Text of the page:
She has a master’s degree from the University of Florida Documentary Institute and previously worked on the production team of the Emmy Award-winning PBS documentary series, Independent Lens.
Assistant Professor, History of Art and Visual Culture (HAVC)
Kailani Polzak’s research focuses on European visual culture in the eighteenth and nineteenth centuries with particular attention to histories of science, aesthetic philosophy, race, colonialism, and intercultural contact in Oceania. Her current book project, Difference Over Distance: Visualizing Contact between Europe and Oceania, examines the graphic and printed works created in relation to so-called “Voyages of Discovery” conducted by Britain, France, and Russia in Aotearoa New Zealand, Australia, and Hawaiʻi in the late eighteenth and early nineteenth centuries and traces how these pictures were marshaled in arguments about the origins of human difference in Europe and the United States. She also maintains a methodological interest in the questions raised by writing about and curating colonial histories from multiple perspectives.
Polzak’s honors and awards include: Association of Print Scholars Collaboration Grant, 2020 [Co-awarded with Jennifer Chuong for our 2021 colloquium, Imprinting Race] Mellon Society of Fellows in Critical Bibliography Junior Fellowship, 2018-2020 C3 Mellon Postdoctoral Fellowship, Williams College, 2016-2018; Social Science Research Council Mellon International Dissertation Research Fellowship, 2013; and the Georges Lurcy Fellowship for Dissertation Research in France, 2013.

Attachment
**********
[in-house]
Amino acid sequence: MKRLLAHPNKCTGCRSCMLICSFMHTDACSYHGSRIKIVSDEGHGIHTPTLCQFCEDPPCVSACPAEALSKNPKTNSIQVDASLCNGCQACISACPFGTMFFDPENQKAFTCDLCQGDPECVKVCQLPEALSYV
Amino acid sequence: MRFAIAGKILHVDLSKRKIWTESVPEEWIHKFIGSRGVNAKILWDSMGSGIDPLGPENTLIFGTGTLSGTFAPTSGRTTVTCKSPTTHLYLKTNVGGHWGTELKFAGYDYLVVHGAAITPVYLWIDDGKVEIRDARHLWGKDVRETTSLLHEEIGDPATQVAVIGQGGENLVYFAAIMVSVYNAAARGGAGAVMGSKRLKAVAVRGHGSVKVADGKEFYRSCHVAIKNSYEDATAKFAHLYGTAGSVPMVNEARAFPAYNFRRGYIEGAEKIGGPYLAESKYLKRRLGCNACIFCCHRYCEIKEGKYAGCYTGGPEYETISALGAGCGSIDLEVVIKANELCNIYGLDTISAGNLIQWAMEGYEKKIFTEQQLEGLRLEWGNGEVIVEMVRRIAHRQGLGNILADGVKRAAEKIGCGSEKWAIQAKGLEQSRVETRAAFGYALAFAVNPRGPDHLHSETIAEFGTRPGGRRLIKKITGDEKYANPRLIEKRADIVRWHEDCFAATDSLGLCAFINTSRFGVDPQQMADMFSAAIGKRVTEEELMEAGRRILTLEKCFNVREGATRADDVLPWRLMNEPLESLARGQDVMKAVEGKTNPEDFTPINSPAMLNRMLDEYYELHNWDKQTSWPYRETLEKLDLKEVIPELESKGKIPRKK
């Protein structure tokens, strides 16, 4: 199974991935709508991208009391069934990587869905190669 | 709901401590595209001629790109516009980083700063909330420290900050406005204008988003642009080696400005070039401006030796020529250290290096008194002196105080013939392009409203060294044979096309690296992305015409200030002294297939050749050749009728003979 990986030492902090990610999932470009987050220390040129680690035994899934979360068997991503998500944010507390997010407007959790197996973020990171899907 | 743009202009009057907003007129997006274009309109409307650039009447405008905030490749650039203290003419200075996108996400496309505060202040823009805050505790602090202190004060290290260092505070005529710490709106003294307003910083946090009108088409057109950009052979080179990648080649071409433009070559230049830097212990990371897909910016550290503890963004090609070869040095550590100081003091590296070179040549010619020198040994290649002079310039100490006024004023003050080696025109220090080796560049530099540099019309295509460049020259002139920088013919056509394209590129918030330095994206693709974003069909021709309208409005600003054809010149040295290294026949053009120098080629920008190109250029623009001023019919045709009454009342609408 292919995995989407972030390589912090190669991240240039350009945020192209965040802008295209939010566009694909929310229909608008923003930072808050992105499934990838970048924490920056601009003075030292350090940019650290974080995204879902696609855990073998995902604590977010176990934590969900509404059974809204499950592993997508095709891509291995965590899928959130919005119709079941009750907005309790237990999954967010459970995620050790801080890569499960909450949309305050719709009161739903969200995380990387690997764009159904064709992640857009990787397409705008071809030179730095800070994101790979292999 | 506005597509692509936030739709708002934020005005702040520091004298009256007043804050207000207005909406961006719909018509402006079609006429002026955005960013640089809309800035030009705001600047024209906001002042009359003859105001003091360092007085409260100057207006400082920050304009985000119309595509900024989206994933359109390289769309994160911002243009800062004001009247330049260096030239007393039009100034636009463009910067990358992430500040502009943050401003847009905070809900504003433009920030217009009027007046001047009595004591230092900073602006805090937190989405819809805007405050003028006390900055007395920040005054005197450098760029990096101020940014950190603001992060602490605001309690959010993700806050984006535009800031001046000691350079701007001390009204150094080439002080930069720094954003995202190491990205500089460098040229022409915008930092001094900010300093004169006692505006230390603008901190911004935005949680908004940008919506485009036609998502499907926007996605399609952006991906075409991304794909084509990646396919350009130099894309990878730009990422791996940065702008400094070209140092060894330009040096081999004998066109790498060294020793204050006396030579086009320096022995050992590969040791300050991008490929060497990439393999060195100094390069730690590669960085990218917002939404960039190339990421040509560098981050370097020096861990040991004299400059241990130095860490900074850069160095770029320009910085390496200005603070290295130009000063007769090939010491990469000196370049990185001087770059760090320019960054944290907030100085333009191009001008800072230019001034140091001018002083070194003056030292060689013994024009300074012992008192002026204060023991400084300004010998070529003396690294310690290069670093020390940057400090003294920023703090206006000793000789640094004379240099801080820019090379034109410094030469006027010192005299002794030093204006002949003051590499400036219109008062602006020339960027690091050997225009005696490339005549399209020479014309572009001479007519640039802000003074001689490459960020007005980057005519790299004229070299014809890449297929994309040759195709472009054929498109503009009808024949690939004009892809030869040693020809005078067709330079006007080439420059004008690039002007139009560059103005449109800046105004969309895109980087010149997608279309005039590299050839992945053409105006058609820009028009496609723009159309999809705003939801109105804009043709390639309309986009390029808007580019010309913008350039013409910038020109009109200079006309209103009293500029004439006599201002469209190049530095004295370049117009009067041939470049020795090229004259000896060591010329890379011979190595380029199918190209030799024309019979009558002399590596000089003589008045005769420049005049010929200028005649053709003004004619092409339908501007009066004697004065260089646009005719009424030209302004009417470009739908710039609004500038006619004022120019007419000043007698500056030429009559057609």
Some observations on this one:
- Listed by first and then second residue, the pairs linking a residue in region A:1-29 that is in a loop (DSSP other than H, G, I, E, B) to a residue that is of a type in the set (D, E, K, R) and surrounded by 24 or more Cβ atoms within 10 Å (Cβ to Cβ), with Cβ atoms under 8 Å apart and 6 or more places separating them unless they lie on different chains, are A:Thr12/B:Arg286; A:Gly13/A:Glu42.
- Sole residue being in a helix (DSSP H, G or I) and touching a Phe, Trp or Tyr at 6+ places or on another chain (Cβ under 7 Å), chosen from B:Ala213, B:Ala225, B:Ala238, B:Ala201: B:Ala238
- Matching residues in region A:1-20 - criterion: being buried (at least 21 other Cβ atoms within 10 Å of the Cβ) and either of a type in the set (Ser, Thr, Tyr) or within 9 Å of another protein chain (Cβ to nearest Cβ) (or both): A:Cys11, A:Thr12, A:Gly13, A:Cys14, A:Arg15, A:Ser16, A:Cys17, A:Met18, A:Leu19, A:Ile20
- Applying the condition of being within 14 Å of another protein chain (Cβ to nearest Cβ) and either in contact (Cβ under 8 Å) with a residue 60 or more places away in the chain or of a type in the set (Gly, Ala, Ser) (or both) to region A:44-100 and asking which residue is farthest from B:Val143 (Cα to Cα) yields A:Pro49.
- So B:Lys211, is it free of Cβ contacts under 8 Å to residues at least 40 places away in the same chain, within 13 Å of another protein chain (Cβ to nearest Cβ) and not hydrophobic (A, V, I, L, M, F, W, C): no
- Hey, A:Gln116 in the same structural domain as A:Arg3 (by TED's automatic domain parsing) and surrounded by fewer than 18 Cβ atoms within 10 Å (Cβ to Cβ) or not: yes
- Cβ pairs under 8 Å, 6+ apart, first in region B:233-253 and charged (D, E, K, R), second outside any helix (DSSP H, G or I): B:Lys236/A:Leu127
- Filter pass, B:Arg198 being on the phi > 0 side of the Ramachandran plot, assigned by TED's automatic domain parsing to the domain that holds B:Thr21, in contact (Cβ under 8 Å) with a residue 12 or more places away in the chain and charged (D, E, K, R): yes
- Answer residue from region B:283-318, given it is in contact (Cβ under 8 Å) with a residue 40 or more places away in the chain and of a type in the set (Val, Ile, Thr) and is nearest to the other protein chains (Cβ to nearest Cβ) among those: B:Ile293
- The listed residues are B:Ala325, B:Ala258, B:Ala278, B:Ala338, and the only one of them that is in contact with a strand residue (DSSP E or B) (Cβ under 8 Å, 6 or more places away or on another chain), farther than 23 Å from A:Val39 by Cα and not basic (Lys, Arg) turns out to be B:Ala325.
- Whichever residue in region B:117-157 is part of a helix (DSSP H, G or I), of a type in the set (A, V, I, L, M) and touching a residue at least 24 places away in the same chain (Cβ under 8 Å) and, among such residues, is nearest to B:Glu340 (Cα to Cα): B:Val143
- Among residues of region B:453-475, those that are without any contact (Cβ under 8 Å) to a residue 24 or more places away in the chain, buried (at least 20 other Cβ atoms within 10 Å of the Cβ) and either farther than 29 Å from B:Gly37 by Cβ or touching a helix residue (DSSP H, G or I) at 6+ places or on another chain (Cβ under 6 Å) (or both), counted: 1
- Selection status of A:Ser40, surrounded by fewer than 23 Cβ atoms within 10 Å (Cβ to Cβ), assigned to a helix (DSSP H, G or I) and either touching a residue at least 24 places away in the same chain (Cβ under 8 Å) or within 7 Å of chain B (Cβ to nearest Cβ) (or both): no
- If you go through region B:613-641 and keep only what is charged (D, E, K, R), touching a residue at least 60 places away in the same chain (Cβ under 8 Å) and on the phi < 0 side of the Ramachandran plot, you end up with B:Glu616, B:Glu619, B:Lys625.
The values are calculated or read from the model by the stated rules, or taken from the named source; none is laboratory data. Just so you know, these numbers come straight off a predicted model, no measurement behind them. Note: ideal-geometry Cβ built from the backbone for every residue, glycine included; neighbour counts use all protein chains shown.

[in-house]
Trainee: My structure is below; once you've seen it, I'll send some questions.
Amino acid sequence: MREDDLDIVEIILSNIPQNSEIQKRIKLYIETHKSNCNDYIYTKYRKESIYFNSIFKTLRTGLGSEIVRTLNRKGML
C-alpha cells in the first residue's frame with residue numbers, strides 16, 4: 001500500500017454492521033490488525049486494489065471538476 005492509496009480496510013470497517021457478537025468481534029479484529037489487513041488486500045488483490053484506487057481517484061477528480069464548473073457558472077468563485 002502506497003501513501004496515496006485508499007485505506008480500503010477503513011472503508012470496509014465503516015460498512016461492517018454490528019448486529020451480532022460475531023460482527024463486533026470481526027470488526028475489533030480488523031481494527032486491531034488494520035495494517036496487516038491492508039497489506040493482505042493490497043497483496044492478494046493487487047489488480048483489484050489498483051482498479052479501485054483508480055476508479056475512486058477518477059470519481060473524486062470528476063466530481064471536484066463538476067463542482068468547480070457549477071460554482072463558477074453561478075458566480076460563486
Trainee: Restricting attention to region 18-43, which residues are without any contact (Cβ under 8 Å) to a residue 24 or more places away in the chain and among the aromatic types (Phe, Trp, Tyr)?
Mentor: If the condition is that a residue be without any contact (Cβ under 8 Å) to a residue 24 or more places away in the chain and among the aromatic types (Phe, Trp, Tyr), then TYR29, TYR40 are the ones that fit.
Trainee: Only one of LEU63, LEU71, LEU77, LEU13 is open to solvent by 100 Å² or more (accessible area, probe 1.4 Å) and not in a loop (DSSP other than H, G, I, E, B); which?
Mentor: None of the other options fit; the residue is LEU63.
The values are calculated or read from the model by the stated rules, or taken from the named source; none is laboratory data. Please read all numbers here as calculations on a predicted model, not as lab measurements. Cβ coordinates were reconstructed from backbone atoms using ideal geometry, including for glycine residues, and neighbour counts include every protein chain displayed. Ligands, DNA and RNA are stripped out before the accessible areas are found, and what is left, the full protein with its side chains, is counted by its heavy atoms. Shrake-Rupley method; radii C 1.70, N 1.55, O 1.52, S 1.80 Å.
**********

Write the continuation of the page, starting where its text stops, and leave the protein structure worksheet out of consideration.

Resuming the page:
Polzak holds a B.A., History of Art and Visual Culture, University of California, Santa Cruz and a Ph.D., History of Art, University of California, Berkeley.
Visiting Assistant Professor, Theater Arts
Clint Ramos is a designer, educator, activist and producer. He was recently nominated for two 2020 Tony Awards: Costume Design -- Play, The Rose Tattoo and for Scenic Design -- Play, Slave Play. He also is the recipient of a TONY Award for Best Costume Design of a Play (the first person of color to win in his category) and has been nominated twice for his designs for Once On This Island and Torch Song. He holds many other prestigious industry awards and honors, including two OBIE Awards and a Drama Desk Award. He was the recipient of the Ani ng Dangal Presidential Medal for dramatic arts from the President of the Philippines in 2014 and 2017.